MACF1, versatility in tissue-specific function and in human disease

Lifang Hu, Yunyun Xiao, Zhipeng Xiong, Fan Zhao, Chong Yin, Yan Zhang, Peihong Su, Dijie Li, Zhihao Chen, Xiaoli Ma, Ge ZHANG, Airong Qian*

*Corresponding author for this work

Research output: Contribution to journalReview articlepeer-review

25 Citations (Scopus)


Spectraplakins are a family of evolutionarily conserved gigantic proteins and play critical roles in many cytoskeleton-related processes. Microtubule actin crosslinking factor 1 (MACF1) is one of the most versatile spectraplakin with multiple isoforms. As a broadly expressed mammalian spectraplakin, MACF1 is important in maintaining normal functions of many tissues. The loss-of-function studies using knockout mouse models reveal the pivotal roles of MACF1 in embryo development, skin integrity maintenance, neural development, bone formation, and colonic paracellular permeability. Mutation in the human MACF1 gene causes a novel myopathy genetic disease. In addition, abnormal expression of MACF1 is associated with schizophrenia, Parkinson's disease, cancer and osteoporosis. This demonstrates the crucial roles of MACF1 in physiology and pathology. Here, we review the research advances of MACF1’s roles in specific tissue and in human diseases, providing the perspectives of MACF1 for future studies.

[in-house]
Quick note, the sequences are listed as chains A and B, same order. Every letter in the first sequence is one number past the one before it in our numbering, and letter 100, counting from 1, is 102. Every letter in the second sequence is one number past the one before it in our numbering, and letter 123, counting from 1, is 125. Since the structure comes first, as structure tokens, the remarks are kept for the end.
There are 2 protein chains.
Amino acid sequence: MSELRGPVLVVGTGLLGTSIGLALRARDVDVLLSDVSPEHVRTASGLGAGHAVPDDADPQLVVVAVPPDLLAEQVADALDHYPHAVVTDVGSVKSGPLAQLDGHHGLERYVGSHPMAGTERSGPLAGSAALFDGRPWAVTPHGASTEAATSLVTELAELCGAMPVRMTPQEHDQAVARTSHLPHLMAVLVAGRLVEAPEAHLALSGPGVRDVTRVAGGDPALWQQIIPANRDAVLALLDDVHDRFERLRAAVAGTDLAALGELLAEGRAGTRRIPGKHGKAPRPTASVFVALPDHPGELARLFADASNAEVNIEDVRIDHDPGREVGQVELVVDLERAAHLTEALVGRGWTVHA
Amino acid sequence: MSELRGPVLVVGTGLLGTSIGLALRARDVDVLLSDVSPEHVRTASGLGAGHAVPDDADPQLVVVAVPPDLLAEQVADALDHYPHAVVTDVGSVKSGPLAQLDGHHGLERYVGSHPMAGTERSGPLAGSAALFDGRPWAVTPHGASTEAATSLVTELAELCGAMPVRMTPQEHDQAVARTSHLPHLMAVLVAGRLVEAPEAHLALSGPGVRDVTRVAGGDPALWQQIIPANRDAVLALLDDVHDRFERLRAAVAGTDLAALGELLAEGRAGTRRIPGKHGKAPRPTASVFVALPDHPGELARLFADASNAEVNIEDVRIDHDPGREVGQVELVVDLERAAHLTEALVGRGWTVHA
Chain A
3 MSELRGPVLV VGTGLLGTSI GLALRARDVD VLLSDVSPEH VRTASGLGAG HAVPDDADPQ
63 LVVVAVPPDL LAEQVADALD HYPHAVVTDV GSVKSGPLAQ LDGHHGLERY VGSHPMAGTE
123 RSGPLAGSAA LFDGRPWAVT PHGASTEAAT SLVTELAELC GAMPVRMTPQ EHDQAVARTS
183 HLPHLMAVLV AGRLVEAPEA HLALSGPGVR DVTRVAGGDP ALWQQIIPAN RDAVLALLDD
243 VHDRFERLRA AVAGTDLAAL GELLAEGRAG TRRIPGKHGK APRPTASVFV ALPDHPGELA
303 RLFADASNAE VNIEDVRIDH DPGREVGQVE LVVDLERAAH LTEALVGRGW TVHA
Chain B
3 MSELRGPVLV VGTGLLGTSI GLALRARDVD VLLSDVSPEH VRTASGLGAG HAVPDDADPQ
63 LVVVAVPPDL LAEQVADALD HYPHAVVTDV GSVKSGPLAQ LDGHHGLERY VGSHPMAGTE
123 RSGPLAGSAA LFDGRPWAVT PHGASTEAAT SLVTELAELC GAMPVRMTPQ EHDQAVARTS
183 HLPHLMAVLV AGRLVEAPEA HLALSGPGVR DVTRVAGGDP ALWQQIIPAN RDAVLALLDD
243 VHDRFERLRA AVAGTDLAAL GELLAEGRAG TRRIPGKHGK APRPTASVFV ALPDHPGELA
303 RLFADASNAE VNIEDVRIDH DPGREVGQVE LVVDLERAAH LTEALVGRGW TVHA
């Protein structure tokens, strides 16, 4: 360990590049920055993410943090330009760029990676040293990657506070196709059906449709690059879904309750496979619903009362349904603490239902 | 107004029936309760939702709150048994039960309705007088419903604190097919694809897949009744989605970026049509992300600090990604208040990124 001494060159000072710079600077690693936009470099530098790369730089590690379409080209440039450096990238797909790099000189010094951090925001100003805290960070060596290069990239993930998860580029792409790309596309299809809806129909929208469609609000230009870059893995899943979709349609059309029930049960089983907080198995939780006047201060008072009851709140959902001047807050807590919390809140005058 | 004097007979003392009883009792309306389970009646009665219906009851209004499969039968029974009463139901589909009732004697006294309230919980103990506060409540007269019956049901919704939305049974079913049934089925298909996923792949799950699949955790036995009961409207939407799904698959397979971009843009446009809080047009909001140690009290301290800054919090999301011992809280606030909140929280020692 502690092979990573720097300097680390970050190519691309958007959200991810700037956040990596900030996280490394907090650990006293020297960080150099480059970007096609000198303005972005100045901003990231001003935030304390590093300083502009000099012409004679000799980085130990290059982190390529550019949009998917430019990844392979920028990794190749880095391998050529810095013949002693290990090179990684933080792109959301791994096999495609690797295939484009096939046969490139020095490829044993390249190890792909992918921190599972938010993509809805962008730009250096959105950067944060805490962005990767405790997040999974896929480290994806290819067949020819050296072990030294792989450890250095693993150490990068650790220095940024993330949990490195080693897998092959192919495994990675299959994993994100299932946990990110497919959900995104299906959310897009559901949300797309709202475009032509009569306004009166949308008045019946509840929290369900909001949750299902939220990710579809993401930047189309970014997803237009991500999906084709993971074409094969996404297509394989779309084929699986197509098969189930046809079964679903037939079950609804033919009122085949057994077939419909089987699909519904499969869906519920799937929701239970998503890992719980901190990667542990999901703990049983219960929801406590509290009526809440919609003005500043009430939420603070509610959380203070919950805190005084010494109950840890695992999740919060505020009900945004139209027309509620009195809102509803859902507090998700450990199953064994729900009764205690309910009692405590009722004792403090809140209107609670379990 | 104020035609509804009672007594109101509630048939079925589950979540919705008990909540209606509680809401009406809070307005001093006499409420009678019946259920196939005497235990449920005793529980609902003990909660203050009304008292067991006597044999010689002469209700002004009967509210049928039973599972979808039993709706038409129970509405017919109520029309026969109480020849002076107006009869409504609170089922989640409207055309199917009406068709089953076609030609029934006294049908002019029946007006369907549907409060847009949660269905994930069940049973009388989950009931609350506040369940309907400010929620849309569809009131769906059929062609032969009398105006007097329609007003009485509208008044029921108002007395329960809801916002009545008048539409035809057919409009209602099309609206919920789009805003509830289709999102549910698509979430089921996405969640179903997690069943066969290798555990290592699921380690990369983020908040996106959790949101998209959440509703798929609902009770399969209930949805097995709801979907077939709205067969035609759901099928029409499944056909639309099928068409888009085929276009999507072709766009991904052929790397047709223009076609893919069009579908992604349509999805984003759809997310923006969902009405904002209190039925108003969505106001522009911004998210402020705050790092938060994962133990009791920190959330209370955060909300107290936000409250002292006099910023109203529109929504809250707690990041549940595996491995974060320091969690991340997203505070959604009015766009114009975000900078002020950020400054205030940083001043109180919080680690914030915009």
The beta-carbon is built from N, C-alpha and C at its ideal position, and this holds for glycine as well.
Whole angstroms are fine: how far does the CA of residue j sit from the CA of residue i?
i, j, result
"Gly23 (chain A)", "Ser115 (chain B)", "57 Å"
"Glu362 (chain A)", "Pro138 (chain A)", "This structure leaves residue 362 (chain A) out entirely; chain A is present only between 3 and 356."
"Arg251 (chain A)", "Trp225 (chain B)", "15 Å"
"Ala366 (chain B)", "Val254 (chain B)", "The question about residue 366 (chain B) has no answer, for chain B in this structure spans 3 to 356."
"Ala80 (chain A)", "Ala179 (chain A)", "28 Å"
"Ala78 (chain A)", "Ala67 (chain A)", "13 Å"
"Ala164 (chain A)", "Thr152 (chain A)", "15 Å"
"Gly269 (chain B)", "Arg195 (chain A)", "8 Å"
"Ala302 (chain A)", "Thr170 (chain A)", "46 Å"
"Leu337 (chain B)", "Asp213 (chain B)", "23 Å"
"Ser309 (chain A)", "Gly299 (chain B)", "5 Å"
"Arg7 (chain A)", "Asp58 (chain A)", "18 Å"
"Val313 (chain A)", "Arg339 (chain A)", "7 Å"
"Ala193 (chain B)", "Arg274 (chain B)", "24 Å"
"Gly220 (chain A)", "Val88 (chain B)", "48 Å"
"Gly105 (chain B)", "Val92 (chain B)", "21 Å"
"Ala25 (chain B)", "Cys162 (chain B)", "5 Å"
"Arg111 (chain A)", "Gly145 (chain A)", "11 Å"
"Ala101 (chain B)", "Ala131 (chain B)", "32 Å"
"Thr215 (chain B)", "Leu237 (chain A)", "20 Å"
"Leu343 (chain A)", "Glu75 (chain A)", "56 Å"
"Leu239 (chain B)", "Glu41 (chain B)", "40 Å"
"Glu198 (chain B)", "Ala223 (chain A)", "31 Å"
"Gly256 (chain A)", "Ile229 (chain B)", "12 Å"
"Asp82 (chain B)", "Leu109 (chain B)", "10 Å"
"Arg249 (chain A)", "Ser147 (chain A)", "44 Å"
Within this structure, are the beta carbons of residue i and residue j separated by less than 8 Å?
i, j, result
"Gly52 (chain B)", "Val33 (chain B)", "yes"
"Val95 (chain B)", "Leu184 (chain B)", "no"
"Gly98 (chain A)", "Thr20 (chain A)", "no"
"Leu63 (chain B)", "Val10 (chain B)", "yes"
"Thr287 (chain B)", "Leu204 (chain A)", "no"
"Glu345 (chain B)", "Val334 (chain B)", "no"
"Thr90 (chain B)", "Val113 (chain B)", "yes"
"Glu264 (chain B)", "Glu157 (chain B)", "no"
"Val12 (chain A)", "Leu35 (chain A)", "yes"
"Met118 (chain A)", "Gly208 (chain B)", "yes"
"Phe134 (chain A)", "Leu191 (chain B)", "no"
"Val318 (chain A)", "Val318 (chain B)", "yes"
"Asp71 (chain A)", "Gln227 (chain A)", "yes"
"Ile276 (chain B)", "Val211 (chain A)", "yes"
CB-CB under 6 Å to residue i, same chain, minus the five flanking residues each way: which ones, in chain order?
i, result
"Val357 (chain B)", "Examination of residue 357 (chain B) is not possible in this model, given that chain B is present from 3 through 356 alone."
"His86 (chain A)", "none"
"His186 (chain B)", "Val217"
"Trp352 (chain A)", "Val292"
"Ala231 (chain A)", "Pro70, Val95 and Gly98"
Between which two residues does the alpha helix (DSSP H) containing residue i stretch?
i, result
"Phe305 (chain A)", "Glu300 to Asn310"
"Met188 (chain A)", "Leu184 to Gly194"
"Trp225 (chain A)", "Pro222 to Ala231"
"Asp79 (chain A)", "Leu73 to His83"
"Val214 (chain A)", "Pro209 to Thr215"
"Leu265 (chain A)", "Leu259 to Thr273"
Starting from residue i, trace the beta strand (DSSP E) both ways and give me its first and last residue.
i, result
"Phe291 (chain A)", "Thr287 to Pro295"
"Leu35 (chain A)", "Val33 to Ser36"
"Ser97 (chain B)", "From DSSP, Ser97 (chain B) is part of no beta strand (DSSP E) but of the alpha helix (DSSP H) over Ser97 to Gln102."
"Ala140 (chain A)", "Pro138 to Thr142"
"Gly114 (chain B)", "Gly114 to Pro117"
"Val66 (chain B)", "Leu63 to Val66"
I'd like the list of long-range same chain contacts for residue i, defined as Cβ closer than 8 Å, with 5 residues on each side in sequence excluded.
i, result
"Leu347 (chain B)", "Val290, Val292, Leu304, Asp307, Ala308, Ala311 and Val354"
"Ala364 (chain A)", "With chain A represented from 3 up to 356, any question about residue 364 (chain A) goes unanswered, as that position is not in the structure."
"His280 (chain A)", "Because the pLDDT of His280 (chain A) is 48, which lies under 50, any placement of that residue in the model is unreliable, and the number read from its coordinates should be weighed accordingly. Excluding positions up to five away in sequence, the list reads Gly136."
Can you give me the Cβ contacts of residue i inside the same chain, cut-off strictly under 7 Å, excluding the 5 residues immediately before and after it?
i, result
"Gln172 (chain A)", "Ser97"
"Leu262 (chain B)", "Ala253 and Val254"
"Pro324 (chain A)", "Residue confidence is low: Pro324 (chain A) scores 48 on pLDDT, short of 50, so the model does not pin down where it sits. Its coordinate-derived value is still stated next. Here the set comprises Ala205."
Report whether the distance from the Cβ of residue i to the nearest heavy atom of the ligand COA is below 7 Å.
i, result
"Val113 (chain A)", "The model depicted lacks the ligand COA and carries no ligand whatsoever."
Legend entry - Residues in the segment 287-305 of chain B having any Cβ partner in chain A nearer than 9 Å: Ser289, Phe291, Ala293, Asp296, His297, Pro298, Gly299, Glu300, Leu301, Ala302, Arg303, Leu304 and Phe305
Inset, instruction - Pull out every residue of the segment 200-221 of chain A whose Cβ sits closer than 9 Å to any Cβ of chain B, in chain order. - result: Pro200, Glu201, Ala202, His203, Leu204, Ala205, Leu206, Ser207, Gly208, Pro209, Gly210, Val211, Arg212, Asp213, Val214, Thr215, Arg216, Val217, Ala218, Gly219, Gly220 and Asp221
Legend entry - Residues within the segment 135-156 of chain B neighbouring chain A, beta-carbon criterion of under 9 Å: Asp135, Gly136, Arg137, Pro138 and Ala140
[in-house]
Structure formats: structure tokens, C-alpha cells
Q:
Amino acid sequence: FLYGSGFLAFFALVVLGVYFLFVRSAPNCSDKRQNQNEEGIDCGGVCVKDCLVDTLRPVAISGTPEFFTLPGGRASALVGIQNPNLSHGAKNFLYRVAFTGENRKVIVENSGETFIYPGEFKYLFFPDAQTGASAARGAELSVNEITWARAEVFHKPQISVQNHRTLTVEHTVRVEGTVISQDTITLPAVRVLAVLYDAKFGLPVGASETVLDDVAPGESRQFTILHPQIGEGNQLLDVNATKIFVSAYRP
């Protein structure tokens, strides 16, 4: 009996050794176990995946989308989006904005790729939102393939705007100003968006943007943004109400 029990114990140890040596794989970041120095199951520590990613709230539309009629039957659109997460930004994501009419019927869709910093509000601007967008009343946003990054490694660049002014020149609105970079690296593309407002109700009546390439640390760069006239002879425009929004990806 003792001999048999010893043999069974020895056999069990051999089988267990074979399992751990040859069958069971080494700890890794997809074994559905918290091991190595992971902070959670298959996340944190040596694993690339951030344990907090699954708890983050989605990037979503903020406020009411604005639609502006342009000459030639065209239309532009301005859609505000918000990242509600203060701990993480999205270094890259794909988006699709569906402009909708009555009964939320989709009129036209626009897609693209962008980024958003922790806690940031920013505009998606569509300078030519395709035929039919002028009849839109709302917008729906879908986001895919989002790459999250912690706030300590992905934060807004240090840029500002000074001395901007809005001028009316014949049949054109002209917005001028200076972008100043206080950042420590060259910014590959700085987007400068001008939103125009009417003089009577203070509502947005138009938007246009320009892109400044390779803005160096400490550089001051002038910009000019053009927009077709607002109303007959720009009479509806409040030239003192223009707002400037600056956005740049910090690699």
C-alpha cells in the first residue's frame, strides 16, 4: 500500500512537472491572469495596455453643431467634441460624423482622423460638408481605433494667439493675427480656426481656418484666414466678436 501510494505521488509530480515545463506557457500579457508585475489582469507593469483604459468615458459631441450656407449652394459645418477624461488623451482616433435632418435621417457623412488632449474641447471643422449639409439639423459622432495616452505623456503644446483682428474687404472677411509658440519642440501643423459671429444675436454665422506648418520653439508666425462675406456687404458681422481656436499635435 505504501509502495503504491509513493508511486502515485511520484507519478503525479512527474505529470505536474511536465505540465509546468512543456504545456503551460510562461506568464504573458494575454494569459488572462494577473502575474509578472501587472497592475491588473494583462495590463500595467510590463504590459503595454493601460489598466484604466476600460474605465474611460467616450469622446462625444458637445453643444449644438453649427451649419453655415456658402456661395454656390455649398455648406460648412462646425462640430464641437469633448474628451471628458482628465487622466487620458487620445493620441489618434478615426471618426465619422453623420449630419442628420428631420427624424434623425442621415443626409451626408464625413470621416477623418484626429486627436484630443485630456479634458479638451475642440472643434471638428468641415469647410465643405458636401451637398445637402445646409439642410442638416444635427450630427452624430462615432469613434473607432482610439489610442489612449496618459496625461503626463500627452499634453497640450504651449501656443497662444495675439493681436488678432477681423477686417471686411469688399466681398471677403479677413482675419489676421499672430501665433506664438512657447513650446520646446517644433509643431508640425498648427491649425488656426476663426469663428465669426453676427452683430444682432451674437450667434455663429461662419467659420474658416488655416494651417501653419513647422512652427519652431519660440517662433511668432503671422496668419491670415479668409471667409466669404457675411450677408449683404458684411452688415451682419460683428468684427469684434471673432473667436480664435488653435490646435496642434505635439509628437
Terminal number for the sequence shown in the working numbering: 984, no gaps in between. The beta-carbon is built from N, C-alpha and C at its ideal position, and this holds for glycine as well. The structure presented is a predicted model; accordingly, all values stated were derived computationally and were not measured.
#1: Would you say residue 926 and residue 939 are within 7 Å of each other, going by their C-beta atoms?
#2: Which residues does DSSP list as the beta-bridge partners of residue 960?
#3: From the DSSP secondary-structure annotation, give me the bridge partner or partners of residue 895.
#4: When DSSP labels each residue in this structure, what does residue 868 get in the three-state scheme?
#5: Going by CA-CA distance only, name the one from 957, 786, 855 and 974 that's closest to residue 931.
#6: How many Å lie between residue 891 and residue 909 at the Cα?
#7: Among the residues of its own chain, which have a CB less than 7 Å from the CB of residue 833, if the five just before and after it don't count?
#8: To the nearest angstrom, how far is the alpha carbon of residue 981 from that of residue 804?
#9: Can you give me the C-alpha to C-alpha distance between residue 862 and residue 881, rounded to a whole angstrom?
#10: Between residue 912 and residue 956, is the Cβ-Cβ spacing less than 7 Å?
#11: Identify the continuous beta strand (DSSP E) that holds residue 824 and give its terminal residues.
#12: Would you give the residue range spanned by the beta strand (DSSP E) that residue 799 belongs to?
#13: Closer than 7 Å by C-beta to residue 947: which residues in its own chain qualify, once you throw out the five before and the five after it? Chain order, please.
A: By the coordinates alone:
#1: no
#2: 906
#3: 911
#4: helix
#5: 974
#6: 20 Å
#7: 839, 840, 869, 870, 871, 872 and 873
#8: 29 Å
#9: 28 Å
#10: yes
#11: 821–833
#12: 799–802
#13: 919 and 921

Original languageEnglish
Pages (from-to)3-8
Number of pages6
JournalSeminars in Cell and Developmental Biology
Publication statusPublished - Sept 2017

Scopus Subject Areas

  • Developmental Biology
  • Cell Biology

User-Defined Keywords

  • Human disease
  • Knockout mouse model
  • MACF1
  • Spectraplakin
  • Tissue-specific function


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